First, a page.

"Failure is simply the opportunity to begin again, this time more intelligently" – Henry Ford. When the man behind this quote came up with Ford in the year 1903, he expected success. Through the early cars his company produced, they ushered in the automotive era and it is no surprise that his Michigan based company is ranked the fifth largest carmaker in the world. It has had its roots in almost all continents from South America, Asia, Middle East, Europe, and Africa.
The cars produced came in many phases. In achieving all the status, it was not the smoothest journey. In the new markets Henry Ford ventured in, he came with goodies. He would set up production plants for his cars and this would bring employment and good remuneration to the people. Some plants were a great success from the various cars produced but for others, the factories would just close down due to various factors as shall be seen.
Over time, the huge collection of cars produced have made headlines till date with famous cars like the Ford Mustang defining the success. But amidst that, there have been Ford cars that have been pictured abandoned. This one cannot be out of performance for sure, but for whatever reason, they were left to rot. And in here, we have a list of Ford buildings and cars that were abandoned. You just have to dive in to get to know each one of these 20.
19 Ford Motor Company Cincinnati Plant
The facility located in Cincinnati, Ohio had its name registered in the year 1989. The building, however, was built in the year 1915 and had some of the Model Ts produced. There is less history documented about this plant but it was abandoned and it was in the year 2003 that some developers turned it into offices.
The renovations took almost $10.3 Million and in 2014, Cincinnati Children’s Hospital purchased the building at $8.6 Million. In the facility, an over 100-year-old Ford Model T sits there giving us enough proof that the brand's builds were of quality. In the inflated world, you would get it at a price of over $10,000 according to WLWT
In the year 1928, Henry Ford had brought a hopeful new breath of a better economy and better conditions in Northern Brazil. He had an idea to build an ideal city with Ford concepts that would transform this area totally, with the emergent city being called Fordlandia.
This never came to see the light of day as the project was abandoned and what was left was a ghost city. Short labor and supply and management issues were some of the factors that led to its decline. The idea was a good one but it never played out the way it should have.
17 Highland Park Ford Plant
The birth of this plant was on January 1, 1910, in Manchester Street. The building hosted offices, power plants, factories, and foundry. Beginning at the Piquette Avenue Plant, this was the Model T second manufacturing facility. According to Detroit Historical Society, in the early '20s, automobile production was taken to River Rogue plant and up to 1927, Model T was still being produced here.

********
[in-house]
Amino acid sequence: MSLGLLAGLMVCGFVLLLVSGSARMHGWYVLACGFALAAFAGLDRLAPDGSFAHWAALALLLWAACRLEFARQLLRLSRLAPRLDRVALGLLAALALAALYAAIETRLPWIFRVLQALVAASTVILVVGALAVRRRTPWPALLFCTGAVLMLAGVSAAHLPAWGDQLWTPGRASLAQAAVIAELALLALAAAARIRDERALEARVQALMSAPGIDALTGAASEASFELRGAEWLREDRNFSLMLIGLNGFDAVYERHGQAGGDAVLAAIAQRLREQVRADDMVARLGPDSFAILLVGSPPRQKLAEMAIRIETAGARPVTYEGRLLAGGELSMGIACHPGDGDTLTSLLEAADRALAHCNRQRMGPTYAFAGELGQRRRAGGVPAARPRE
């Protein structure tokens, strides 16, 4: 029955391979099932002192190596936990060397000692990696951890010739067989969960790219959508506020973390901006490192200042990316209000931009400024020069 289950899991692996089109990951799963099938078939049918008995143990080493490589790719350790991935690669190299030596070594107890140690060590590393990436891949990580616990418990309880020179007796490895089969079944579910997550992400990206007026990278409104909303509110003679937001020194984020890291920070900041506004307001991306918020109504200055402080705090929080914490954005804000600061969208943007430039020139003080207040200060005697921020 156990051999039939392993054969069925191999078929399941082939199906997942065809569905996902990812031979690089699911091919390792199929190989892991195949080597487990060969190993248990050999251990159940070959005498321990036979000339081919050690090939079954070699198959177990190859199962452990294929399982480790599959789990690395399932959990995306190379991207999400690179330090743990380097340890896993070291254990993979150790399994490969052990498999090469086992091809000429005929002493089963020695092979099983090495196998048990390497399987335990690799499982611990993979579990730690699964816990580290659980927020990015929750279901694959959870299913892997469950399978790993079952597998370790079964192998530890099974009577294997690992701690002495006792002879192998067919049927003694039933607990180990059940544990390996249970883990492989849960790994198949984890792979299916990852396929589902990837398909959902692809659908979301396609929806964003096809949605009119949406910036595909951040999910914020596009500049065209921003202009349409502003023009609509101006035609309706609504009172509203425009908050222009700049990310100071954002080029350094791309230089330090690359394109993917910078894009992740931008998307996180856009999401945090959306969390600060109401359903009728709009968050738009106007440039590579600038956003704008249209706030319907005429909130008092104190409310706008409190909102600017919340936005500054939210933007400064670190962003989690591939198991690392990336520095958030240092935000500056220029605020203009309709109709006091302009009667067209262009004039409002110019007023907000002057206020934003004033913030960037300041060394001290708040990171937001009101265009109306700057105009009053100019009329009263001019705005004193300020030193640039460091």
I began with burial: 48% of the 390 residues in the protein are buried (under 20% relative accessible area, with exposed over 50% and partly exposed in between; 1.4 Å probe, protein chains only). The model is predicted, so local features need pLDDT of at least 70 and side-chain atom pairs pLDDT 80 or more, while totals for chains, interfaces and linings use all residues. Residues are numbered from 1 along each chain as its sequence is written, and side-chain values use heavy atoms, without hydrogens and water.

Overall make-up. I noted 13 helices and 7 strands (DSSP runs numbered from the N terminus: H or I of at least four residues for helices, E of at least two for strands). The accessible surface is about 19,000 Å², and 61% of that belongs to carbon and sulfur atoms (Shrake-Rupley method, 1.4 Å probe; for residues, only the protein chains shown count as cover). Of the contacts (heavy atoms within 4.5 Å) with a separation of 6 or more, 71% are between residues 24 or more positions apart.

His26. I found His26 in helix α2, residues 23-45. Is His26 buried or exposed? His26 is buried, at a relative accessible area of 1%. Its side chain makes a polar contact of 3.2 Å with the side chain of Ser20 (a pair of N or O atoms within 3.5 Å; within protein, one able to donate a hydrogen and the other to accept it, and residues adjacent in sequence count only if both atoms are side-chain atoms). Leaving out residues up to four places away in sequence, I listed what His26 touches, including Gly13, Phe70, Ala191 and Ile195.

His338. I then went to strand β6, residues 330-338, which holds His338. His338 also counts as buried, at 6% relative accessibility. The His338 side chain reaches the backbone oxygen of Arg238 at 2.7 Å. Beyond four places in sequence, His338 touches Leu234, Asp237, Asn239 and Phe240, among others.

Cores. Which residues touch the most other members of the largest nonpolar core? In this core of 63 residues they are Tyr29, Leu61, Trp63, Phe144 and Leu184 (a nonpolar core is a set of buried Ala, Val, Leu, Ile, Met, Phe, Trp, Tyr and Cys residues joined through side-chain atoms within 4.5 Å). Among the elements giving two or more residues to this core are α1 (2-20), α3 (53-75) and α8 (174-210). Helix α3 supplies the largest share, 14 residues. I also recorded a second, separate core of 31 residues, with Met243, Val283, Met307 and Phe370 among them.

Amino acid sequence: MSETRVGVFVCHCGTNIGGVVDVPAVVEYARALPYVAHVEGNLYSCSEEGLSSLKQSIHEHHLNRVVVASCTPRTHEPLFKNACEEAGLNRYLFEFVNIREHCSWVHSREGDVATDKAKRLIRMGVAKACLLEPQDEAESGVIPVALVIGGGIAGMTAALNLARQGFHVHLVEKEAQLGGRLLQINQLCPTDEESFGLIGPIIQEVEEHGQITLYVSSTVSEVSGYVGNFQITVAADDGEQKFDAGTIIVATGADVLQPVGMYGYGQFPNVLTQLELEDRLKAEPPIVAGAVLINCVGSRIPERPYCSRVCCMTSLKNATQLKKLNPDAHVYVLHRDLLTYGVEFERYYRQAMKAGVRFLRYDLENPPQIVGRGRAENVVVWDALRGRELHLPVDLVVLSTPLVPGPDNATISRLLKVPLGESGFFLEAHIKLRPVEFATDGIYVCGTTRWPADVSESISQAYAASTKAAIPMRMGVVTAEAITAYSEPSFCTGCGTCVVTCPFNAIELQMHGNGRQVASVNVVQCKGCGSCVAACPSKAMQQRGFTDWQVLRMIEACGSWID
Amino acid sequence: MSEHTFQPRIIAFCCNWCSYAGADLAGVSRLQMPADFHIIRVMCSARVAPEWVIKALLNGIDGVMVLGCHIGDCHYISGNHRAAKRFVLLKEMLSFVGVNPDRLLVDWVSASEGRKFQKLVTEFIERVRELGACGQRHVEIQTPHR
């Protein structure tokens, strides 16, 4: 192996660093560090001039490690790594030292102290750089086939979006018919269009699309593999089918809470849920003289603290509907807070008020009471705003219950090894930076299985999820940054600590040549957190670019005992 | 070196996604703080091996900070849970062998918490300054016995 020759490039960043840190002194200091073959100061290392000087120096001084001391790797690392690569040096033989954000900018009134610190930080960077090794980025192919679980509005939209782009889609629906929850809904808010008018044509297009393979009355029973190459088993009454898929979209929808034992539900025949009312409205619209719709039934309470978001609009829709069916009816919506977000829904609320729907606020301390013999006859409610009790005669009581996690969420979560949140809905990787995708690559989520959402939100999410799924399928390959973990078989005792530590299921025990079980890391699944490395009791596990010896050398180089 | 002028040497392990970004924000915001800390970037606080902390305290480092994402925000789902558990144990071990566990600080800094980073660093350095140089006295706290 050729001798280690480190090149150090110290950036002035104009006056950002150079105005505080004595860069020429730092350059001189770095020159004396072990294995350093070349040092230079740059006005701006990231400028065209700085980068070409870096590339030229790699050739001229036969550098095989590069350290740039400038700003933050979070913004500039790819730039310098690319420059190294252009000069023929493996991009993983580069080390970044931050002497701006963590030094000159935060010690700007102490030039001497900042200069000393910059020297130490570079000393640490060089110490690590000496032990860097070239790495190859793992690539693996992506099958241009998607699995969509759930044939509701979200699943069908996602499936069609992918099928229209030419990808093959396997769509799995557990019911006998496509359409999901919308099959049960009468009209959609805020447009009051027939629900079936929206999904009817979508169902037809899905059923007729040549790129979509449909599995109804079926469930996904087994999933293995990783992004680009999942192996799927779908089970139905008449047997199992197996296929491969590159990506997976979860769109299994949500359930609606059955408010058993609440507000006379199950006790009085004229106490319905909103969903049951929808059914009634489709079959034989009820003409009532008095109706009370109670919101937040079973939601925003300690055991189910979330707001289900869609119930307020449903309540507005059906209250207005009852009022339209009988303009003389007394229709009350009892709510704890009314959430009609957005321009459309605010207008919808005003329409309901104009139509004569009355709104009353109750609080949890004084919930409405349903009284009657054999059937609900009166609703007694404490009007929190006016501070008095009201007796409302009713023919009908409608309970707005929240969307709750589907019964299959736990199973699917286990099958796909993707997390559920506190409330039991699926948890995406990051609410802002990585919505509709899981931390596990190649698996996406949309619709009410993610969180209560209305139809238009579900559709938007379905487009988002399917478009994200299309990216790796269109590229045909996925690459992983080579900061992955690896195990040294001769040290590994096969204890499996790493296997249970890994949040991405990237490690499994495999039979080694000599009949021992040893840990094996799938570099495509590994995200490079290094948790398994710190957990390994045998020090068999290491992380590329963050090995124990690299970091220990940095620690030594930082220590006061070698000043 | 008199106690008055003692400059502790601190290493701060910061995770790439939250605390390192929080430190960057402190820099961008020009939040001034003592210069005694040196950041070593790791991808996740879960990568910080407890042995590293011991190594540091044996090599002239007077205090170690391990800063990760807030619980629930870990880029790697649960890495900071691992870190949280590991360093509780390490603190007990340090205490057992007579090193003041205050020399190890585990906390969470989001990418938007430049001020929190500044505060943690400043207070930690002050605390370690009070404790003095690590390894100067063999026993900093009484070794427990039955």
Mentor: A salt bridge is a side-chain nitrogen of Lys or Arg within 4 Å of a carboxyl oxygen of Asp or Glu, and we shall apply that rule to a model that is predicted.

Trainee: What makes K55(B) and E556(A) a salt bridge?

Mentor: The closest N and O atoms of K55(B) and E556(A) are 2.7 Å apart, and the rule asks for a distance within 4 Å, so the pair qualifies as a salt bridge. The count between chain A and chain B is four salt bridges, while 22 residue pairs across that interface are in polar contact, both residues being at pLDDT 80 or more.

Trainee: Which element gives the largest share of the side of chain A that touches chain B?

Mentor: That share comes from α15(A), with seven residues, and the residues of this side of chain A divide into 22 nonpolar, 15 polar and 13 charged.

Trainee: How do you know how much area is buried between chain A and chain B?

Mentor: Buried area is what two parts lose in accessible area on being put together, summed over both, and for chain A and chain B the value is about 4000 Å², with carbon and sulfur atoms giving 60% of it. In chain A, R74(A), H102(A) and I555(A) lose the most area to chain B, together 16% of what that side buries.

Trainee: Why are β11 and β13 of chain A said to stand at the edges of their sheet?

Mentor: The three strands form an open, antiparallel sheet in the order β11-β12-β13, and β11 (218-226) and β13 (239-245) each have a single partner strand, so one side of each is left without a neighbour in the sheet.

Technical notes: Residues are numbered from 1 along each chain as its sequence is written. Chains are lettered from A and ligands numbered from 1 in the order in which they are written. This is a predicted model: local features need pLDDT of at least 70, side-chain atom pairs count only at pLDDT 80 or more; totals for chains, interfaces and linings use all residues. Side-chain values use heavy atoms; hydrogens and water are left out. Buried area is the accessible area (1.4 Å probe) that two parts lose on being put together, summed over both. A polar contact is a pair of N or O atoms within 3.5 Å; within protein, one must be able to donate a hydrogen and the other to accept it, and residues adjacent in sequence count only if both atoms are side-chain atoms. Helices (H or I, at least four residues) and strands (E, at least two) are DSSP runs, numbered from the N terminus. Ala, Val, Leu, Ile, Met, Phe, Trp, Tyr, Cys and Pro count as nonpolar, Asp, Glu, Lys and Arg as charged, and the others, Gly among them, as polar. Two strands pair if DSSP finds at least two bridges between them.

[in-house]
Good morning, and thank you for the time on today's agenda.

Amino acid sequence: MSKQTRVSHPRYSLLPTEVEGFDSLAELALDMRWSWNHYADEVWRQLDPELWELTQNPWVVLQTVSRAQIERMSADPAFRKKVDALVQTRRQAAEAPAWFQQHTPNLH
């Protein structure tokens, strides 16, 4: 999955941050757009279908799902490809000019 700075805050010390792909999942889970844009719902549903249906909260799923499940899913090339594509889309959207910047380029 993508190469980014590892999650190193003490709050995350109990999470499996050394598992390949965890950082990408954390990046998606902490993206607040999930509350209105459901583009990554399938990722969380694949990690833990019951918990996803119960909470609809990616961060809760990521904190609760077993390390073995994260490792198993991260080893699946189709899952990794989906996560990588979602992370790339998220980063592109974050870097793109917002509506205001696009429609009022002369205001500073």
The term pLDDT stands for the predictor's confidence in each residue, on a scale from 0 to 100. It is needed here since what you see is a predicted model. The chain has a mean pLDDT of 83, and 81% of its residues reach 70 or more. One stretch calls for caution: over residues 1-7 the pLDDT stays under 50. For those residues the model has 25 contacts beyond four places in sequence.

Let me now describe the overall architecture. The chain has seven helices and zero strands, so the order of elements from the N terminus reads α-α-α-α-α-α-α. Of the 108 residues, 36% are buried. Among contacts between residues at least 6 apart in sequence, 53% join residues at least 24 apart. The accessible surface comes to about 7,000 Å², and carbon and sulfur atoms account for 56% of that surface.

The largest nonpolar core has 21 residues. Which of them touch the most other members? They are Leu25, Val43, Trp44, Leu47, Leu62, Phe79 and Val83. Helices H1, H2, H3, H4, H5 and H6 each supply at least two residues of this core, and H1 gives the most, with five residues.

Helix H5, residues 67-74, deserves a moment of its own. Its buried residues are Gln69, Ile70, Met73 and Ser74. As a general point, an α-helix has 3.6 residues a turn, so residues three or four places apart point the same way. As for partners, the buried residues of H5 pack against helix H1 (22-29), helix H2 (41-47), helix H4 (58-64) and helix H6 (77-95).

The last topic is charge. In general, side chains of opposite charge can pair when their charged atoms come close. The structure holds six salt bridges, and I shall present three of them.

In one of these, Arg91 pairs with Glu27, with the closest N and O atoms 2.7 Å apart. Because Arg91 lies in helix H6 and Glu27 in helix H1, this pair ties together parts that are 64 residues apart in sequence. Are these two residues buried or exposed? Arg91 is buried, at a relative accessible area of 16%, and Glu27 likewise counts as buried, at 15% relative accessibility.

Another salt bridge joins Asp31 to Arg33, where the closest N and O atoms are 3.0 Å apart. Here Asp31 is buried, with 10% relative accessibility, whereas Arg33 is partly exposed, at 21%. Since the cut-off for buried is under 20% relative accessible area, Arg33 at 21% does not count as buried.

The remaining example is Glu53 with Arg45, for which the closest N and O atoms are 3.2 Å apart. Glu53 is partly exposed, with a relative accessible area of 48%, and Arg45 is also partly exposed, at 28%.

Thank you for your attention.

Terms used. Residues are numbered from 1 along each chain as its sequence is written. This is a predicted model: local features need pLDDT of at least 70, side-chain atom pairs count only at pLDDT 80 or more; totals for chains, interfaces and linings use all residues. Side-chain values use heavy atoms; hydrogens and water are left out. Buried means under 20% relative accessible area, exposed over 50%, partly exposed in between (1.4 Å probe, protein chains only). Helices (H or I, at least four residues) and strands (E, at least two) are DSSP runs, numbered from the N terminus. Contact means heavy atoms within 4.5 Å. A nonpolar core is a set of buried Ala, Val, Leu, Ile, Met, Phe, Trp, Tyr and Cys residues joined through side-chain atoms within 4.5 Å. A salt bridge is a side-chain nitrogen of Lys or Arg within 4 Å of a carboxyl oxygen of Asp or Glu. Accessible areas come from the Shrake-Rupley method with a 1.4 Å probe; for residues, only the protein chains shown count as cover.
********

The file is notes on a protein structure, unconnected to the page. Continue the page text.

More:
They shifted and the plant focused on tractors and trucks production along building engine parts for aircraft and building tanks. In the year 1974, the facility shut its doors and more recently, it has been used to record storage.
16 Abandoned Ford Plant in Villa de Reyes
What you are seeing was a $1.6 Billion project that was intended to be erected in Villa de Reyes in Mexico. Unfinished Buildings states that in January 2017, Ford announced its cancellation of the project and what was left behind was the skeleton of the plant standing over the desert.
The reason for the cancellation was the declining sales in the cars that the factory was to build according to Mark Fields who was Ford’s chief director at the time. This was a failed project and to erect that skeleton alone, Ford went on a big loss as this was intended to be one major project in terms of production and employment.
15 Ford Geelong Plant
Eye Witness News had a headline, "Australia’s first major car maker, Ford, has shut down its factories in Geelong and Melbourne, leaving 600 workers unemployed." The plant had initially been built as an outpost of the Canada Company back then in the year 1925.
Among the products they dealt with was assembling of Model T from kits and a notable production was the Falcon. Problems arose from 2009 and in 2013, the company closed its doors citing sales issues and the manufacturing costs. A lot of workers were left unemployed and to others, their payments were left unpaid. As recently as Fed 14, 2019, Vestas, a Danish energy giant, took over the building for the purpose of building turbines.
14 Ford Piquette Plant